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HADJA THITTIE M. ARAP, complainant, vs. JUDGE AMIR MUSTAFA, respondent., A.M. No. SCC-01-7, 2002 March 12, 1st Division

D E C I S I O N

 

PUNO, J.:

 

This is an administrative complaint against Judge Amir Mustafa, presiding judge of the First Shari’a Circuit Court of Jolo, Sulu, for gross neglect of duty, ignorance of the law, and conduct unbecoming a judge.

 

In a letter-complaint received by the Office of the Chief Justice of the Supreme Court on March 17, 2000, complainant Hadja Thittie M. Arap alleged that respondent judge committed gross neglect of duty, ignorance of the law, and conduct unbecoming a judge for failure to resolve Criminal Case No. 96-01,[1] filed on April 15, 1996 and submitted for resolution in the same year, but which remains unresolved despite the rarity of cases filed in his court.[2] The complaint was endorsed to the then Court Administrator Alfredo L. Benipayo for appropriate action.[3] The Court Administrator required the respondent judge to file a Comment which was done on June 19, 2000.

 

In his Comment, the respondent judge denies the allegations in the Complaint.  He explains that Criminal Case No. 96-01 was filed on April 15, 1996, but after he evaluated its allegations and referred to P.D. 1083 and Islamic Law sources, i.e., the Qur’an and the Hadith of the Holy Prophet, he found the allegations to be self-defeating, and, motu proprio dismissed of the case on June 11, 1996.[4] Complainant Hadja Arap filed an appeal with the Shari’a District Court (SDC) of Jolo, Sulu, which, in an Order dated November 14, 1996, remanded the case to the respondent judge’s court for preliminary investigation in accordance with Section 9 of Rule 112 of the Rules of Court.[5] On August 4, 1997, Sisali Arap was arraigned and pleaded not guilty.[6] Trial followed and both parties presented their witnesses.  The case was submitted for resolution in October 1998.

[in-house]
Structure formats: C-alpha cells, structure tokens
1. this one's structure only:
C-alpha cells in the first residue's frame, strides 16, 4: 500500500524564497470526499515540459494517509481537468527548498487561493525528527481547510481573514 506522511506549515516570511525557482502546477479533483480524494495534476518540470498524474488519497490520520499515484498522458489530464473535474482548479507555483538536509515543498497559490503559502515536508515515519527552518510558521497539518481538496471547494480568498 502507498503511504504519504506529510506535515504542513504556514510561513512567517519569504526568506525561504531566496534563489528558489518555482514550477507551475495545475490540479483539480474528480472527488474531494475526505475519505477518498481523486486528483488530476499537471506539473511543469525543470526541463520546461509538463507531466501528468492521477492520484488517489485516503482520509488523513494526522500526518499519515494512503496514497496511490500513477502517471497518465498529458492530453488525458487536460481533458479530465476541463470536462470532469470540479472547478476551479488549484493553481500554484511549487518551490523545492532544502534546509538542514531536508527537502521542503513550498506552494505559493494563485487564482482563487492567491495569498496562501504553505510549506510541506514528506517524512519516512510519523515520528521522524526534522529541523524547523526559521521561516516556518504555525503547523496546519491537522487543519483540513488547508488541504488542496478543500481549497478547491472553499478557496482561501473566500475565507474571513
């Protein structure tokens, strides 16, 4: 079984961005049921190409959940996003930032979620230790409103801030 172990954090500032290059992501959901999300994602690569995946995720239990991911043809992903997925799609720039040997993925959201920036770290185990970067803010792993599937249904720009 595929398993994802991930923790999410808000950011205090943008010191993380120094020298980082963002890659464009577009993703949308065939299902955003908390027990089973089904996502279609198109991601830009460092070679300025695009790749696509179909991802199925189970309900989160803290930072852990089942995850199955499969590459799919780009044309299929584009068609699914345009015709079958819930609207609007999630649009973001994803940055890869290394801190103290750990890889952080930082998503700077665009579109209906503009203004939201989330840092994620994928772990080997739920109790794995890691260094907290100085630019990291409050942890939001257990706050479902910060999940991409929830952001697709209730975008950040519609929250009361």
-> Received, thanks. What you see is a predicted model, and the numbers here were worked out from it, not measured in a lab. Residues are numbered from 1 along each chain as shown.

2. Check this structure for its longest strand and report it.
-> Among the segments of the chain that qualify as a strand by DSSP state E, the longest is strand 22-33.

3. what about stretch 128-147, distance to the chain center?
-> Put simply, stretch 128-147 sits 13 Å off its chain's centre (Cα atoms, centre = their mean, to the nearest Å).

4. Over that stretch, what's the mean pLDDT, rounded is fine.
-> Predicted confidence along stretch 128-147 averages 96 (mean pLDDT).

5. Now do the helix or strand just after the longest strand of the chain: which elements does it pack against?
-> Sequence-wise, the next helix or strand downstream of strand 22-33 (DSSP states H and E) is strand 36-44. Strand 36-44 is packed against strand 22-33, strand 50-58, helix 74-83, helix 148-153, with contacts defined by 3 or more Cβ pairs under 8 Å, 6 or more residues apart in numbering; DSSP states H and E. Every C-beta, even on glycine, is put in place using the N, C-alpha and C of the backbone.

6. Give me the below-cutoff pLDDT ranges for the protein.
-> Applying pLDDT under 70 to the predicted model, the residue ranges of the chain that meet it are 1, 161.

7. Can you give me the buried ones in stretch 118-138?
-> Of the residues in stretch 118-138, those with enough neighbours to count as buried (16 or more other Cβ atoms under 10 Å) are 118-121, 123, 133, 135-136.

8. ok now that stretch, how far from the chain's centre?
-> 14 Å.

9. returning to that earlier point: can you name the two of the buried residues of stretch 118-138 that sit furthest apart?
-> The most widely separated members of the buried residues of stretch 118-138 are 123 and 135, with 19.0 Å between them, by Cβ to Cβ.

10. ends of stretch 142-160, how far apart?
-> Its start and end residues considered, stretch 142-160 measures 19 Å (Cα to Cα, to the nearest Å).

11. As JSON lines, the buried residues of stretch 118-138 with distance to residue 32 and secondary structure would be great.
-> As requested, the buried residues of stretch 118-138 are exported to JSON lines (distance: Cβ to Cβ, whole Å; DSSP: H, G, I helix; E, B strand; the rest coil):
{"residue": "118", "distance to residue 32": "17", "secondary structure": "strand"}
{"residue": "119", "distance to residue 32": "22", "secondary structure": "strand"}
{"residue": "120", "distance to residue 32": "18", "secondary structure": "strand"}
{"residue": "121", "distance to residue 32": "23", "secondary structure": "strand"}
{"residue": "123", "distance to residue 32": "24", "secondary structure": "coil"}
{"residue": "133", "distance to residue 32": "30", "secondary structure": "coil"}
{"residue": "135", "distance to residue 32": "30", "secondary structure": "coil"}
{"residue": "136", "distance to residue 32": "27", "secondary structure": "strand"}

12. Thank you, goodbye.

The respondent judge admits that he came up with a Decision on the case on January 25, 2000, and the same was promulgated on March 1, 2000.[7] To justify the delay, the respondent judge explains that he found it difficult to reconcile the provisions of P.D. 1083 and those of the Qur’an and the Hadith of the Holy Prophet, viz:

 

“xxx The issues raised by both parties in this case calls for a reconciliation of the provisions of PD 1083 as well as the express provisions of the primary sources of Islamic Law, the Qur’an and the Hadith of the Holy Prophet.  As a judge of the Shari’a Circuit Court, I found it difficult to reconcile these two conflicting sources of provisions viz-à-viz (sic) with (sic) my personal conviction and belief as a religious follower of Quranic teachings.  It took me a considerable period of time to reflect, ponder, inquire and seek assistance from Ulama or religious leaders who adhere to the basic teachings of the Holy Qur’an, on the one hand, and fellow judges of the Shari’a Courts and regular courts who is (sic) more incline (sic) to follow the dictates of PD 1083, on the other hand. Their advices (sic) all the more confused me taking into consideration my conviction as a Muslim and adherence of the Quranic injunctions.”[8]

 

He emphasizes that the delay in rendering a decision is not meant to violate any Court Circular mandating the disposition of cases within the prescribed reglementary period; neither is the same caused by negligence nor by a criminal resolve to delay the dispensation of justice; lastly, the delay is not an indication of a conduct unbecoming of a judge.  He likewise stresses that there is no truth in the allegation that cases are rarely filed with his court.  On the contrary, his court has the highest number of caseload among the three Shari’a Circuit Courts, and has even more cases than the Shari’a District Court. In 1999 alone, his court had a total of 114 cases, 83 of which were terminated in the same year.[9]

 

The respondent judge further contends that the complainant has been harboring ire against him since 1996 when he dismissed the latter’s case.  Such sentiment was allegedly aggravated when the Decision was promulgated on March 1, 2000 when the complainant made the remark, “Iyon lang pala and desisyon, pinatagal pa.”[10]

 

The Office of the Court Administrator, in its Report dated October 16, 2001, found that there was undue delay in the rendering of the decision by the respondent judge, and recommended the imposition of a fine of P5,000.00.[11]